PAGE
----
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Hole to be filled? Construction may begin on hotel in downtown Durango

Developer starting to store materials at East Second Avenue site
The large pit on East Second Avenue between Fourth Street and Fifth Street shows no construction activity on Thursday as it waits for developer Lamont Companies to build a dual-branded AC Hotel by Marriott and Hampton Inn and Suites by Hilton. (Jerry McBride/Durango Herald)

Construction on a hotel project on East Second Avenue between Fourth and Fifth streets could begin in coming weeks. But the city of Durango is waiting to receive a letter of credit from Lamont Companies, the developer, before it greenlights construction.

The project, a dual-branded AC Hotel by Marriott and Hampton Inn and Suites by Hilton, has stalled for several years. Daniel Murray, development services manager for the city, said Lamont Companies has “indicated” to city staff members that the COVID-19 pandemic, supply chain issues and contractor issues are behind the holdup.

Lamont Companies’ Jeff Lamont was unavailable for comment Tuesday afternoon.

Scott Shine, community development director, said in a brief update to Durango City Council last week that Lamont Companies has been working offsite to prepare materials needed for a parking garage at the site. The parking garage would be the first step in construction for the hotels since a massive hole was excavated four years ago in November 2018.

The excavation was done without a concrete slab or concrete foundation wall ever being built, raising concerns about the structural integrity of the massive dirt wall.

“We understand that they want to be moving forward as soon as possible,” Shine said.

The city is waiting for Lamont Companies to deliver a letter of credit, which would provide the city with financial resources to stabilize the foundation wall should the project be abandoned, he said.

The city has monitored the foundation wall on a monthly basis, and sometimes more often, he said.

Murray said geological engineers have put tolerance thresholds in place and so far, conditions at the site have not breached those thresholds. He said the city doesn’t allow garbage trucks or other heavy vehicles to traverse the alleyway adjacent to the wall’s cliffside to avoid putting stress on the wall.

Monitoring will continue until the site foundation is completed by the developer, he said.

Shine said the city has been in communication with neighbors adjacent to the site and has responded to complaints about weeds and other concerns.

He said residents might notice activity at the site because Lamont Companies is beginning to store materials there.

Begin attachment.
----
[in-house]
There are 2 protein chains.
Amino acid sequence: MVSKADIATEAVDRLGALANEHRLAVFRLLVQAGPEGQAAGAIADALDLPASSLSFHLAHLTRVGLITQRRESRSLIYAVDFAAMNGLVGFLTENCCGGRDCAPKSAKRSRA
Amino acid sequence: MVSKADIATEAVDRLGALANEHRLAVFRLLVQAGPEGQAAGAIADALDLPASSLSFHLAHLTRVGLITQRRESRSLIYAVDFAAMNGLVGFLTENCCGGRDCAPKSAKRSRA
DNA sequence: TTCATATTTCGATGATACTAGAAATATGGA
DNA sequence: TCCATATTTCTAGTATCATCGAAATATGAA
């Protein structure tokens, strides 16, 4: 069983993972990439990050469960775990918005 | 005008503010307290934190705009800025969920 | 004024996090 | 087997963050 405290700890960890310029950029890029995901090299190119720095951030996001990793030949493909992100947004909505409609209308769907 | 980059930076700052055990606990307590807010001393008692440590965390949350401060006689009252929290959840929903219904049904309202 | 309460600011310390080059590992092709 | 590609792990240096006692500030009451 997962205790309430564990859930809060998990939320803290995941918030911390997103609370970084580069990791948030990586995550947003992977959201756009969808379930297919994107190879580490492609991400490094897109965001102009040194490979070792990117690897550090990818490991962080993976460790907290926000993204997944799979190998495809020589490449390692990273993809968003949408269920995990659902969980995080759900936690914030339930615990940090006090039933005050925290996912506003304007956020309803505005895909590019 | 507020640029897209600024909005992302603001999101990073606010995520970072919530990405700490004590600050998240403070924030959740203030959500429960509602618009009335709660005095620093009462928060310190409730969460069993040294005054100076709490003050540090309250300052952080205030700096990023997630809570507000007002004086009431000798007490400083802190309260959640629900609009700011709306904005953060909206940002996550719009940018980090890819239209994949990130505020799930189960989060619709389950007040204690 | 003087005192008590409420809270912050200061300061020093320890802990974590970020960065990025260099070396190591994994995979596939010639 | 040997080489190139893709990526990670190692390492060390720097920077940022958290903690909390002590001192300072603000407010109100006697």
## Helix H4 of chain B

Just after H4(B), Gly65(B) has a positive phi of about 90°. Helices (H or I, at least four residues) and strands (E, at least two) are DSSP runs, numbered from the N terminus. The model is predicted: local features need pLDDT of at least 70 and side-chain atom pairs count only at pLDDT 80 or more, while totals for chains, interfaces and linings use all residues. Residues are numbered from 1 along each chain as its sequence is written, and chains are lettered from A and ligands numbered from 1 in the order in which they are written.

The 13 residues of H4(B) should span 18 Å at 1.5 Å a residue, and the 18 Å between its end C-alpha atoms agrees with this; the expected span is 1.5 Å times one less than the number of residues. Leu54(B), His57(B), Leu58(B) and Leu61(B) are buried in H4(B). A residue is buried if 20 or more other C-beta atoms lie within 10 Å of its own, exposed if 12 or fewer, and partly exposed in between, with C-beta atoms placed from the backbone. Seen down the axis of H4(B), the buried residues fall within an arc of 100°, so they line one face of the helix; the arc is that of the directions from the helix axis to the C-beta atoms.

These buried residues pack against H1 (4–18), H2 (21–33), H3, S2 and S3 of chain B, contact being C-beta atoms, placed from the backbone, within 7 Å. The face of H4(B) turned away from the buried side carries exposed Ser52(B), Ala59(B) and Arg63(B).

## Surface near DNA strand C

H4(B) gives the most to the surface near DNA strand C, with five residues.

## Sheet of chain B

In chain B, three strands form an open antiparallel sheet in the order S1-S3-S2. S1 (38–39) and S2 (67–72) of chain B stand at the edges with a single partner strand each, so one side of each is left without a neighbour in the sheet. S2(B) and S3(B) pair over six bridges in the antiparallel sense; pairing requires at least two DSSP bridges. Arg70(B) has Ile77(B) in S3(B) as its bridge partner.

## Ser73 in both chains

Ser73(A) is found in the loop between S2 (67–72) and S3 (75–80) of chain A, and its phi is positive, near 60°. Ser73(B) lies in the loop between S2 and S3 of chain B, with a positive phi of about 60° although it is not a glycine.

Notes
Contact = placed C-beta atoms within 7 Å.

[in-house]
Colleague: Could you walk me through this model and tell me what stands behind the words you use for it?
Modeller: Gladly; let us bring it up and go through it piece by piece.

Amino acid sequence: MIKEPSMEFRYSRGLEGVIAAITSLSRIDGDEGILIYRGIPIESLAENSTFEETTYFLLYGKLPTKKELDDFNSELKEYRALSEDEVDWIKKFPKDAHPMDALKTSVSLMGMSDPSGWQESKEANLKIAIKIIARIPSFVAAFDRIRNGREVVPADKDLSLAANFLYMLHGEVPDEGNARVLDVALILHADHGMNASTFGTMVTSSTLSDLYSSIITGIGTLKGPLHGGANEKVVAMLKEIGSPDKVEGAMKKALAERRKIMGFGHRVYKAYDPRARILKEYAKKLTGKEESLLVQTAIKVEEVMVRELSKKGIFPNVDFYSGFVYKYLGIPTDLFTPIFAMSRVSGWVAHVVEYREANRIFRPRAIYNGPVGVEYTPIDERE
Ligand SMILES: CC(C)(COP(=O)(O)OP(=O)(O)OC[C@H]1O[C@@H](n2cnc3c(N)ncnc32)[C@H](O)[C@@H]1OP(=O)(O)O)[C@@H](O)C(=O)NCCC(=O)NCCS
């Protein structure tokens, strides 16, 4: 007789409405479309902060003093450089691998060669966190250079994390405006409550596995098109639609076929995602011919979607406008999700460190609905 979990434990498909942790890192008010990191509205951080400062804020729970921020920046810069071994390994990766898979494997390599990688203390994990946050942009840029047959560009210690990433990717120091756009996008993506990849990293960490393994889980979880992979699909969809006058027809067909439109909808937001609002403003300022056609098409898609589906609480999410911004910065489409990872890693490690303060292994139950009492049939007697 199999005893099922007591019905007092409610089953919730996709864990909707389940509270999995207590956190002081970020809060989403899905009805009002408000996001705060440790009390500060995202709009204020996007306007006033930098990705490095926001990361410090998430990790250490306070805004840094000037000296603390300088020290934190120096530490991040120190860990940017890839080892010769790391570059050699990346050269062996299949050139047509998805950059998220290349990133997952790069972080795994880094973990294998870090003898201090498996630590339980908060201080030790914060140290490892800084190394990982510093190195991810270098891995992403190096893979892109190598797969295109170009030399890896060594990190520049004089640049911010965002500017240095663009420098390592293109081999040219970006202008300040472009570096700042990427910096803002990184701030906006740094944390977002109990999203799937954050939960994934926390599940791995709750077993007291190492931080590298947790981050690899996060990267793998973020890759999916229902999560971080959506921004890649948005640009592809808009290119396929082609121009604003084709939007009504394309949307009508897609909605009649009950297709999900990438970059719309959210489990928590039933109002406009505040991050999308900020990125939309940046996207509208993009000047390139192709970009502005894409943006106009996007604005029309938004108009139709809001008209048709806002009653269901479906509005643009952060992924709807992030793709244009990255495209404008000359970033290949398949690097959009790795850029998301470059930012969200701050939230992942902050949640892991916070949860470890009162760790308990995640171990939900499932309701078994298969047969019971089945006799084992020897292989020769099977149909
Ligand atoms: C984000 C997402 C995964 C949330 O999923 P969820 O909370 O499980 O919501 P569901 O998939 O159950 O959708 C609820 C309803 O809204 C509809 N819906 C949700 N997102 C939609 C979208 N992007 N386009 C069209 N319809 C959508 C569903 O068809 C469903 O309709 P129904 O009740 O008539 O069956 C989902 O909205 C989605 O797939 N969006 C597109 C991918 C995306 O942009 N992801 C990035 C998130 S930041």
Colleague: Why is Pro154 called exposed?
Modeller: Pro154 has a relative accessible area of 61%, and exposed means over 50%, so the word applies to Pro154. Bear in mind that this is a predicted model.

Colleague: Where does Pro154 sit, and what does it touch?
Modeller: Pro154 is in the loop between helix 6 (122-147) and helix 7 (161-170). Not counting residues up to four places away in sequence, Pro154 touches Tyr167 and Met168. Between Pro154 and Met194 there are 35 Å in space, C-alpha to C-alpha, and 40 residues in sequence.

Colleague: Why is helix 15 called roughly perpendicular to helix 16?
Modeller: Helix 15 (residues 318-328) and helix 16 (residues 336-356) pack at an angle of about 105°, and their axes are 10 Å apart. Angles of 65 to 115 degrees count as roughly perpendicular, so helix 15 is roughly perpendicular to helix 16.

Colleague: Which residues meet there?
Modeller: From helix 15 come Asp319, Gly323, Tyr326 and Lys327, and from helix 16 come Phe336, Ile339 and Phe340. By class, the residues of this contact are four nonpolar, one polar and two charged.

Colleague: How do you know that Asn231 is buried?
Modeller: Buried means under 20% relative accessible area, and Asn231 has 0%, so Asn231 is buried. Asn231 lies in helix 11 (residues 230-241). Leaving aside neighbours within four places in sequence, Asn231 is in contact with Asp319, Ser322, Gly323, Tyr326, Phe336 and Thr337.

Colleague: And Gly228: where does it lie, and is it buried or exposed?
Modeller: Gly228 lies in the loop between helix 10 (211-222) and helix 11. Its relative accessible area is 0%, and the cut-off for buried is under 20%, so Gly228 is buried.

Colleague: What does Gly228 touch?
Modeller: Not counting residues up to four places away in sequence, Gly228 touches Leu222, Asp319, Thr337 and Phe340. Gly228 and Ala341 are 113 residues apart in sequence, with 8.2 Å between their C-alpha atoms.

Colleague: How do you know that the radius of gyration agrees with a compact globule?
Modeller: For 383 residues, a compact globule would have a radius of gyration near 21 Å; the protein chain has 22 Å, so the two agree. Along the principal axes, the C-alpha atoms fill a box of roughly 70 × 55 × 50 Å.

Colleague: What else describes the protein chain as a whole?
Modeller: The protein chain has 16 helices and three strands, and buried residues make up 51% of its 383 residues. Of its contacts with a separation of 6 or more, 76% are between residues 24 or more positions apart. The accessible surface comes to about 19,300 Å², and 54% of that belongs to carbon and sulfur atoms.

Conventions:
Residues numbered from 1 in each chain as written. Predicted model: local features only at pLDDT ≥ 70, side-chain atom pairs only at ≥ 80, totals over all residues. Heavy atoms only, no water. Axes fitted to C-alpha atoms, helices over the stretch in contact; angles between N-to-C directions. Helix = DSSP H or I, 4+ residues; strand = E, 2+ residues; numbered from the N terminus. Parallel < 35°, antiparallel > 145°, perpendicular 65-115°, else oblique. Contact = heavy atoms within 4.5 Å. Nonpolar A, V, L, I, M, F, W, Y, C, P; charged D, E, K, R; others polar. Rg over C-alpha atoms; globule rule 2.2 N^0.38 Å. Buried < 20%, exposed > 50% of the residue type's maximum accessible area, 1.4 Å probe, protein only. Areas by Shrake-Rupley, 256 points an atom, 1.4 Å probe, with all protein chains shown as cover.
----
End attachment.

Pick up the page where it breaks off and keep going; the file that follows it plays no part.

The project would create 202 rooms in total across two hotels and would stand six stories tall at its heighest point. It is a modular, prefabricated design, meaning the hotel units and foundation were fabricated elsewhere – the Front Range area, Murray said – and will be delivered by truck to the construction site where they will be put together using a crane and limited onsite labor.

“The onsite work has not been occurring but the developer remains diligent in the sense that they’ve been working offsite,” Murray said. “So it’s been slow offsite but we’ve been informed by the concrete manufacturer for them that that work is nearing completion.”

He said the developer will be eligible for a full building permit “any day now.”

The city originally approved Lamont Companies’ site specific development plan in November, 2014, he said. The city finally issued excavation permits in 2018, which allowed the developer to perform excavation and shoring, the result of which is the pit that exists today.

In January, 2021, the developer received a foundation permit. But work slowed down and the city eventually agreed to an extension of that permit.

On Tuesday, Councilor Olivier Bosmans said the stalled project “has been an eyesore for our community” as well as a health and public safety problem. He asked if the city has a performance bond or a completion bond to ensure completion of the project is not pushed out further.

Shine said the letter of credit the city is waiting to receive is intended to protect the city and ensure the pit can be backfilled or another project can be pursued there. He said Lamont Companies is also responsible for securing public improvements, such as sidewalk and utility work, around the site.

A project completion date for the project overall has not been provided to the city, Murray said.

“We have asked for that same information from them,” he said.


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